The pro T is a bigger version of the press T... Press for press photogs who need to be more stealthy and nimble... pro T for wedding guys or photogs that need larger cameras to compensate for whatever. Some think the pro T gives better seperation and it does but who cares? We usually bouce this anyway right? And if you are shooting straight on its really fine... go with the press T, it's a great bracket for a 20d/grip... just get the right anti twist plate.. you will need it. Its a much bigger headache trying to get TTL work than the bracket... try using auto thyrister strobe instead, its more accurate.
The whole point of a bracket is to get the flash directly above the lens in both the horizontal and vertical shooting position. With a 10D/20D/5D and their respective vertical grips the Press-T WILL NOT hold the flash over the len in the vertical shooting position, its arm is too short. Subsequently a Press-T is hardly a Great Bracket for any of these camera/grips.
From my experience bouncing isn't always possible (ten metre ceilings?) so my bracket must give me the shadowless verticals even when the flash is pointed directly at the subject. Without this capability I'm just kidding myself that the bracket has some function, and so is a press shooter.
With the 20D and E-TTl 2 the flash automation is OK. It might require a tweak of exposure compensation but it's miles beyond E-TTL. I think that an automatic flash will work well and something like a Vivitar 283/285 is a good choice. But a 550/580 is the first step on the road to Canon wireless and that's something that you can't do with an Automatic flash. Effortless fill flash is also a benefit of a TTL flash. I set the ambient light with the camera, turn on the flash and pretty much forget about it. As I (or the camera) change apertures it will compensate. With an Automatic flash if I've selected f8 on the flash, then the aperture on the camera had better be f8!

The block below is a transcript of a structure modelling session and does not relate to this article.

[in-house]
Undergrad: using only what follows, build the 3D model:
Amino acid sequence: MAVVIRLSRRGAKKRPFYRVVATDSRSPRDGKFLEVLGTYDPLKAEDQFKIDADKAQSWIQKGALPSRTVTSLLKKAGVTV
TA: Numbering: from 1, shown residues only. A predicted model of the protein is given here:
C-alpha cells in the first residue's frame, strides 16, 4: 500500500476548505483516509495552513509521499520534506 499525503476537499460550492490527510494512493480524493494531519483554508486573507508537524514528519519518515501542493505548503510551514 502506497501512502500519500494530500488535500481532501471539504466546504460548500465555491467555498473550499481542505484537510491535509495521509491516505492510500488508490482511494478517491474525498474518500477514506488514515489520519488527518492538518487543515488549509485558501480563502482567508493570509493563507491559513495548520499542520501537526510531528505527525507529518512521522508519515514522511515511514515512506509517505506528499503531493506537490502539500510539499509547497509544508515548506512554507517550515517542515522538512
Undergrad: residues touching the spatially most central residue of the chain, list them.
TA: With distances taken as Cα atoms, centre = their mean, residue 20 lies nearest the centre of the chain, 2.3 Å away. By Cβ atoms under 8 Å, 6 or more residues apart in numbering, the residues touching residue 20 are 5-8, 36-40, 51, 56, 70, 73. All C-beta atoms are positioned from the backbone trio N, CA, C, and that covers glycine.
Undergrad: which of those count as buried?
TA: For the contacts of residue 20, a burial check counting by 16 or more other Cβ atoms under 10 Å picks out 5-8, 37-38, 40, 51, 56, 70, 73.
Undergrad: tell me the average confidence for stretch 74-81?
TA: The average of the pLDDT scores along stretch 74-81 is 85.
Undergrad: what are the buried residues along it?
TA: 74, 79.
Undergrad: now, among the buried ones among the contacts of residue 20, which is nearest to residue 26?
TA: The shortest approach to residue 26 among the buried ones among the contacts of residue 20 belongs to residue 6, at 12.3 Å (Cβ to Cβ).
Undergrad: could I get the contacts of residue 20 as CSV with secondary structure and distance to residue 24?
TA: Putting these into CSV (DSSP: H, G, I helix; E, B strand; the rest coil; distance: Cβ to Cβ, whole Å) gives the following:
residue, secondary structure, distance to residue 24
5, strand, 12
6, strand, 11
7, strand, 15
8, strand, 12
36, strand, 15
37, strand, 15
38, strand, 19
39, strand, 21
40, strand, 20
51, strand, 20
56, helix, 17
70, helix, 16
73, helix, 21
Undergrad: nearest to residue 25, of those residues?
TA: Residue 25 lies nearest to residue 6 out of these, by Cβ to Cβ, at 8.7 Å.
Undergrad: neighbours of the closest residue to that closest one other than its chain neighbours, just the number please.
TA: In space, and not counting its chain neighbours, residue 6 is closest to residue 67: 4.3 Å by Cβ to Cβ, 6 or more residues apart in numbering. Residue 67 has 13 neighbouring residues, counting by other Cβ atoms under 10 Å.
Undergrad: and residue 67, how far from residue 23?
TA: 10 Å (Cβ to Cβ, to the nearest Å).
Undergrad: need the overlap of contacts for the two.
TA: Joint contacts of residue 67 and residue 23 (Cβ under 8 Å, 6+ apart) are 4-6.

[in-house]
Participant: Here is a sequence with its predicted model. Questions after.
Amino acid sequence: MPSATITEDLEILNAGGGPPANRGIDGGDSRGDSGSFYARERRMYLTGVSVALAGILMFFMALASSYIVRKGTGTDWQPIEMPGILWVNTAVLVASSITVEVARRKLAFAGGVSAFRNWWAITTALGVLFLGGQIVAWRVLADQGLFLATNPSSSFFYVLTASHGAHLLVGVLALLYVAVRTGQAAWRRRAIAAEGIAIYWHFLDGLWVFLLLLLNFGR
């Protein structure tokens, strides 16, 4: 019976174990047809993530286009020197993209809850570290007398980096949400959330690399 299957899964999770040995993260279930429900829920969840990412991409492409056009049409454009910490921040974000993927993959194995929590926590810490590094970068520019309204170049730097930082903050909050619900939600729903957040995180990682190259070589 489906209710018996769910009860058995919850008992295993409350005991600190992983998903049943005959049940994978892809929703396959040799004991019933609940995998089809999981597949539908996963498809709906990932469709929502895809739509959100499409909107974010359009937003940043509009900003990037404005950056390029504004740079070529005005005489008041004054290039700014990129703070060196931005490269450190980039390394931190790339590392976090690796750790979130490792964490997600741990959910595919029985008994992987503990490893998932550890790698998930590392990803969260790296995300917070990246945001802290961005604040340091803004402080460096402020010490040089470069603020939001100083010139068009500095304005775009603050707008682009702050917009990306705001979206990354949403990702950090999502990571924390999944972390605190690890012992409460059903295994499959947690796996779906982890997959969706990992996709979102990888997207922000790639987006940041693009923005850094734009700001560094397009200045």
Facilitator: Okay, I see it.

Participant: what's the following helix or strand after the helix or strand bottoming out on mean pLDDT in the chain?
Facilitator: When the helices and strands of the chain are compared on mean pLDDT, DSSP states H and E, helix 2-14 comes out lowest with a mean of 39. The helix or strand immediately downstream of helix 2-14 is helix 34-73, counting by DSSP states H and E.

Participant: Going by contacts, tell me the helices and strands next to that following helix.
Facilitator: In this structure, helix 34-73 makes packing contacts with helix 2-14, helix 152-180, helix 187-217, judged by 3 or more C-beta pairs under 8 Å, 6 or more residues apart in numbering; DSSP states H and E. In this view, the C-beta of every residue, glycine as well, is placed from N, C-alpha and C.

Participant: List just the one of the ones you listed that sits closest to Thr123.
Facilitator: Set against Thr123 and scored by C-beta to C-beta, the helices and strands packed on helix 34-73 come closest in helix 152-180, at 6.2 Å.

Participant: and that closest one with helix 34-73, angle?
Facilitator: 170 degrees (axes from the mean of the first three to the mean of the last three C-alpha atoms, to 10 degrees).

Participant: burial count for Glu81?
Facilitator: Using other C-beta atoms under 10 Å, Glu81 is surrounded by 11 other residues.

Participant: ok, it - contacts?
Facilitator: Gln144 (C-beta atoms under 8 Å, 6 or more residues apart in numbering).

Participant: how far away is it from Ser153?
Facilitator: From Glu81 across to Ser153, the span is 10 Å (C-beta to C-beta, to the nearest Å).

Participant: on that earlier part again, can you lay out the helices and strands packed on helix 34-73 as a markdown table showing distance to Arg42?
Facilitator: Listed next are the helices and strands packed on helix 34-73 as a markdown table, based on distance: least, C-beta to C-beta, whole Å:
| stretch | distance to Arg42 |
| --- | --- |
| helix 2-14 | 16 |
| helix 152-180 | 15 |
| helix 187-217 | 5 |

By the way when you take a flash picture the capacitor that has stored the power dumps it to the flash tube. On full manual all of that power is sent to the flash tube. On automatic settings the flash may require only a small part of the capacitors stored power and rather than dumping it the auto thyrister circuit returns it to the capacitor. This saves battery power and improves recycle times. I had a Strobonar Automatic flash without the thyrister and when I used f2.8 it would dump the extra power with a noise that sounded like a snapping whip! In any case Automatic flashes like a Vivitar 283 has that auto thyrister circuitry but so does just about EVERY camera mounted flash made these days. Auto Thyrister was the New Great Thing in about 1976 or so and there's a good chance that an old flash has Auto Thyrister on the front of the flash the same way that a new car might have 4WD under the model name. But it's not something that differentiates an Automatic flash from a TTL type.
"There's never time to do it right. But there's always time to do it over."
Canon 5D, 50D; 16-35 f2.8L, 24-105 f4L IS, 50 f1.4, 100 f2.8 Macro, 70-200 f2.8L, 300mm f2.8L IS.